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Surfers prepare their boards on the beach of Pacific City, Oregon. // Photo courtesy of Antonia Parrish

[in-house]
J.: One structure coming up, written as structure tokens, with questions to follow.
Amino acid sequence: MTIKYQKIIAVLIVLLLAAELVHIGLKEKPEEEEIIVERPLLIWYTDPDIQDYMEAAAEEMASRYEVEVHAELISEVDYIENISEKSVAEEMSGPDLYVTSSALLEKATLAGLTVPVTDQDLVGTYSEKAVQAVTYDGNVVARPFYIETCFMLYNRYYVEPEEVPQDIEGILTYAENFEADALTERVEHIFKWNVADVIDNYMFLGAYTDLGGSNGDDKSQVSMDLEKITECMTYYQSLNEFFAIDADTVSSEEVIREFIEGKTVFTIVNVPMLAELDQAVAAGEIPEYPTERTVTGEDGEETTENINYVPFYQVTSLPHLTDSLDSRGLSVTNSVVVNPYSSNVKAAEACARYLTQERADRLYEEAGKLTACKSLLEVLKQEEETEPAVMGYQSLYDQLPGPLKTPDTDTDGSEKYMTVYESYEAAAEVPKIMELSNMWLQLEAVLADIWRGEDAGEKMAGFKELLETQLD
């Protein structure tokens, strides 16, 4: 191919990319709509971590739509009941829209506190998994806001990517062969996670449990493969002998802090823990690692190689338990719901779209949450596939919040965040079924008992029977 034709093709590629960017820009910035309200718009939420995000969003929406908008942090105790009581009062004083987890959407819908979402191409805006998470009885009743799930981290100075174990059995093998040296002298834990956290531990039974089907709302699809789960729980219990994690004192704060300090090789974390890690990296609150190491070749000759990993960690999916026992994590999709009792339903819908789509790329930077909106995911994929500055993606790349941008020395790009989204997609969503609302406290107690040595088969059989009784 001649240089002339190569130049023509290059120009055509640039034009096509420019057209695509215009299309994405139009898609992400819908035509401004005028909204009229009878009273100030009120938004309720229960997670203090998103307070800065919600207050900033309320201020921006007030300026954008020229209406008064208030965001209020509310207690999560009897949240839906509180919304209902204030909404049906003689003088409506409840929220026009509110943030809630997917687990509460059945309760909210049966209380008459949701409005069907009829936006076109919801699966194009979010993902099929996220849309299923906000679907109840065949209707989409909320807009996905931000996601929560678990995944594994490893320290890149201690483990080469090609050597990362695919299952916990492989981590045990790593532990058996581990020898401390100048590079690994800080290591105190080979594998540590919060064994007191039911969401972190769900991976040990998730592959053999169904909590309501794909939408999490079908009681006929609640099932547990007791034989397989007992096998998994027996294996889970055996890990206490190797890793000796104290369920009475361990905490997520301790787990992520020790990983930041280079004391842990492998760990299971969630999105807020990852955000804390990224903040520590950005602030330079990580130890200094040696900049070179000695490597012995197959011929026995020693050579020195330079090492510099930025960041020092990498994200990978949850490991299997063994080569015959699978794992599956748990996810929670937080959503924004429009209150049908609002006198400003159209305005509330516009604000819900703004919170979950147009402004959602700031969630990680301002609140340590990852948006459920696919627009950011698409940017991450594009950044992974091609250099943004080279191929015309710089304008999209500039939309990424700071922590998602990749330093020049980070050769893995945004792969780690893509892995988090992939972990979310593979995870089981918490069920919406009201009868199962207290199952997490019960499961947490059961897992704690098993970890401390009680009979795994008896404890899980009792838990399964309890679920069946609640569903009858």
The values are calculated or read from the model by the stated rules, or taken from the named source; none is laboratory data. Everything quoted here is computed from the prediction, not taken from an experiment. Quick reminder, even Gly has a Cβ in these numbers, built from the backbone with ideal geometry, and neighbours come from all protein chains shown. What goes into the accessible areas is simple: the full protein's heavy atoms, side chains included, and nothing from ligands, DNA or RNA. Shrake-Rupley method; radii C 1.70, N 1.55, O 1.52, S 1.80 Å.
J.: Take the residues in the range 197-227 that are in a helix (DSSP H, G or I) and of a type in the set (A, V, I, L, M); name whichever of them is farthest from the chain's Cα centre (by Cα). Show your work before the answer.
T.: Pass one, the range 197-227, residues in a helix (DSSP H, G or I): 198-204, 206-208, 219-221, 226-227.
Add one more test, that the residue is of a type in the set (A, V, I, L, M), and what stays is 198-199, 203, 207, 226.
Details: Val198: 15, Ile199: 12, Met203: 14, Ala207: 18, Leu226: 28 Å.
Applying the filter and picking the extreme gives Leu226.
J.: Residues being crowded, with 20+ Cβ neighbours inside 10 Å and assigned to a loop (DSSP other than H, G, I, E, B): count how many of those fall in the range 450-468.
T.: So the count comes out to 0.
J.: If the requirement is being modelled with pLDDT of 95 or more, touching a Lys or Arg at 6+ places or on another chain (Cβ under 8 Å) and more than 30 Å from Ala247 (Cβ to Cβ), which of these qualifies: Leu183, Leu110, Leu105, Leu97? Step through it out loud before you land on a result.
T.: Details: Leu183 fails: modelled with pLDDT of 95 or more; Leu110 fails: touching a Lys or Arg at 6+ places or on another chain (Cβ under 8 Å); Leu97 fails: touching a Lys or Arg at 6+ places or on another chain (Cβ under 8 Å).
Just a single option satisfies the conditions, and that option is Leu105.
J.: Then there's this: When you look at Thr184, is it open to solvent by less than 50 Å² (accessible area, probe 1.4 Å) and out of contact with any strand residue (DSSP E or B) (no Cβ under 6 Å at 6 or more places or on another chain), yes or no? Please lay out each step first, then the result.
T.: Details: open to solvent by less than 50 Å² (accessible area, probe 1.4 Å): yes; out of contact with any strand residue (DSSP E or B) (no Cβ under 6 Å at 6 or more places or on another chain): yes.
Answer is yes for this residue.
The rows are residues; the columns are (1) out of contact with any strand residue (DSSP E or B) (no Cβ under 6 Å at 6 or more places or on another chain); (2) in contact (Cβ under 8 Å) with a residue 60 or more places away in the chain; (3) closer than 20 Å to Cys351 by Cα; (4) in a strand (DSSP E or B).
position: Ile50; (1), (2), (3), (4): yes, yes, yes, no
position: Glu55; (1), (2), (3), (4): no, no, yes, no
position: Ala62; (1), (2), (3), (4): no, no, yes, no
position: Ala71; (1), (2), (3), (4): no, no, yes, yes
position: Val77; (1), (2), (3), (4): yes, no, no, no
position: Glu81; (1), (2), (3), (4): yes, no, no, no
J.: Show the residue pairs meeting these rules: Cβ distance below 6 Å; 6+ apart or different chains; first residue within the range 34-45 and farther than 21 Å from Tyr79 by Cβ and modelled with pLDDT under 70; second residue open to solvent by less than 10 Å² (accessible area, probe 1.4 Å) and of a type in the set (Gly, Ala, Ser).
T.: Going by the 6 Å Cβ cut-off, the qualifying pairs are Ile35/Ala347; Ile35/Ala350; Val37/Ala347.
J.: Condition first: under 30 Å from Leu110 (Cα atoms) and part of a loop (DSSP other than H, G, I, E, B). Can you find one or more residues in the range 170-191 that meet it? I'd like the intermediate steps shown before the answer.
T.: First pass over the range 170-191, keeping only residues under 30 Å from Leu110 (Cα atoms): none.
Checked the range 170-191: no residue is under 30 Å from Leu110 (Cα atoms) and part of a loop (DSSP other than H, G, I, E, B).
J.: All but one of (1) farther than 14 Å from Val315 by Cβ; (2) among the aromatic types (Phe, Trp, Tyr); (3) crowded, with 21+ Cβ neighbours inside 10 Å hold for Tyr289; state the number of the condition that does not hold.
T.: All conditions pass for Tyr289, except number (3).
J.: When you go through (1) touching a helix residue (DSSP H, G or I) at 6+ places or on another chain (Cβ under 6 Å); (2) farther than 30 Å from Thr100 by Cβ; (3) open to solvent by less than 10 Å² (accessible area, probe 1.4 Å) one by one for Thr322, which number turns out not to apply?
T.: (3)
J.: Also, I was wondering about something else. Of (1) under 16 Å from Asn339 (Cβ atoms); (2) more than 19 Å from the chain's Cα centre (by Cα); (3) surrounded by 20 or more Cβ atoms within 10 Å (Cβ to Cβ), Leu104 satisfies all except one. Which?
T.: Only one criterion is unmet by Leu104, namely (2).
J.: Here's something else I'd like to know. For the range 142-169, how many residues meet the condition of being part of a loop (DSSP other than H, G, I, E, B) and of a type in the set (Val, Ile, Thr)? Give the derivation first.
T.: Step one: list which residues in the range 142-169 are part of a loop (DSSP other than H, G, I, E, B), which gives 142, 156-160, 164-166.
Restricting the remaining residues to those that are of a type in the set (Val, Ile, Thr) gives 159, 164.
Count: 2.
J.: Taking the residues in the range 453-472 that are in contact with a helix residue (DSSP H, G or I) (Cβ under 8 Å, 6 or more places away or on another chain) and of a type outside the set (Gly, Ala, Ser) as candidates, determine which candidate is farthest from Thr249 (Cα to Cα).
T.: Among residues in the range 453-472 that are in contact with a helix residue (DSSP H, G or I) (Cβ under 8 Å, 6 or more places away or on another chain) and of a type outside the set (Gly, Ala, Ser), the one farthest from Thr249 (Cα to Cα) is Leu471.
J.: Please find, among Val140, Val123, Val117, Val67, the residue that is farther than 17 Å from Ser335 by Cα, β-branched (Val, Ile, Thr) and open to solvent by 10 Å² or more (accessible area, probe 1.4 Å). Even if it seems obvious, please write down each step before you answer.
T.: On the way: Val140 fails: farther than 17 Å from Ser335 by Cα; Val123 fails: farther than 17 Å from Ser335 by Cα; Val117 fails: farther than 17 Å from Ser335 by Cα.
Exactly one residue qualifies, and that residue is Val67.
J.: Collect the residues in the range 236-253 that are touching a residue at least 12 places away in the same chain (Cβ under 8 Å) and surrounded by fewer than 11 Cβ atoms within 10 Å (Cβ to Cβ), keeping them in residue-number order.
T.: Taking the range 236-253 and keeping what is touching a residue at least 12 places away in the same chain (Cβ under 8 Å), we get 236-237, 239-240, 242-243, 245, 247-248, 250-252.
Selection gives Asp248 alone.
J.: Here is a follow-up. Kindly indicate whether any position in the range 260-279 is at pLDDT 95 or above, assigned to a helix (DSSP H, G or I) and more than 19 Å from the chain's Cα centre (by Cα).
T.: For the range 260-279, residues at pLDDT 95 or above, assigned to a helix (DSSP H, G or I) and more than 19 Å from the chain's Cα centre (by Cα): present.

By Olivia Klein When thinking of surfing, the warm weather and pristine sand beaches of Hawaii or California usually come to mind. A sport of vacation and relaxation. But this excludes a lively subculture of surfers in the cold and perhaps unlikely location of the Pacific Northwest. Freshman Antonia Parrish has been surfing for the past two years. “I live about two hours away from where I usually surf on the Oregon coast,” Parrish said. “It’s this little beach called Short Sands, and it’s in Oswald West State Park.” Evergreen trees scatter the rocky landscape leading up to the water, and moss is growing everywhere. “It’s just beautiful,” Parrish said. “Everything is so green.” Once outside of the forest, the open beach is alive with activity. “There’s people with campfires set up and there’s dogs running everywhere,” Parrish said. “And surfers already in the water.” Parrish is one of many surfers at Western. Although the sport may seem catered to a  niche audience, Western’s Surfrider Foundation chapter is the longest running Associated Students club according to its webpage. Junior Laura Anthony is one of the three co-presidents of Western’s Surfrider club. “Surfrider is actually a national organization that began in California when some surfers wanted more public access to beaches. As it moved north, it became [about] just general keeping our beaches clean for recreation,” Anthony said. “Right now, we do a bunch of ocean advocacy work like beach cleanups and water quality testing.” The club meets once a week and holds events like beach cleanups on the weekends. “On Earth Day we did a beach cleanup, but it was through the whole Northwest Straits chapter of Surfrider,” Anthony said. “We got over 50 people to come and help out at Locust Beach, 10 minutes from campus.” Recently, Surfrider has also been working on “Ocean Friendly Restaurants,” with the mission of promoting marine environmentalism through partnering with Bellingham restaurants. “We’re trying to get local restaurants to cut back on one-use plastics and styrofoams and stuff like that,” Anthony said. The heightened importance of environmental awareness for surfers in the Northwest is part of what distinguishes it from other surfing communities. Despite extreme differences in climate and terrain, Parrish said the contrasts in surfing culture are what differentiate the Pacific Northwest the most from other places. “I would say that how welcoming the people are in the Pacific Northwest is definitely what sets it apart from other surf scenes,” Parrish said. “In Hawaii, there’s a lot of competition. People just [assume] ‘Oh you’re a tourist, you’ve never surfed before’ and get mad. But here, everyone’s so welcoming and they just want to talk with you and help you out.” Parrish recently took a weekend surfing trip to Westport, a beginner surfing beach four hours from Bellingham. With the rapid approach to summer, surfers are taking advantage of warm spring weekends. “There were so many people there,” Parrish said. “We had to wait in this huge line to get one of our friend’s surfboards, but that made it even more fun, ‘cause there were just so many people to talk to.” The beach was covered in sand dollars, and there were multiple sightings of baby seals.

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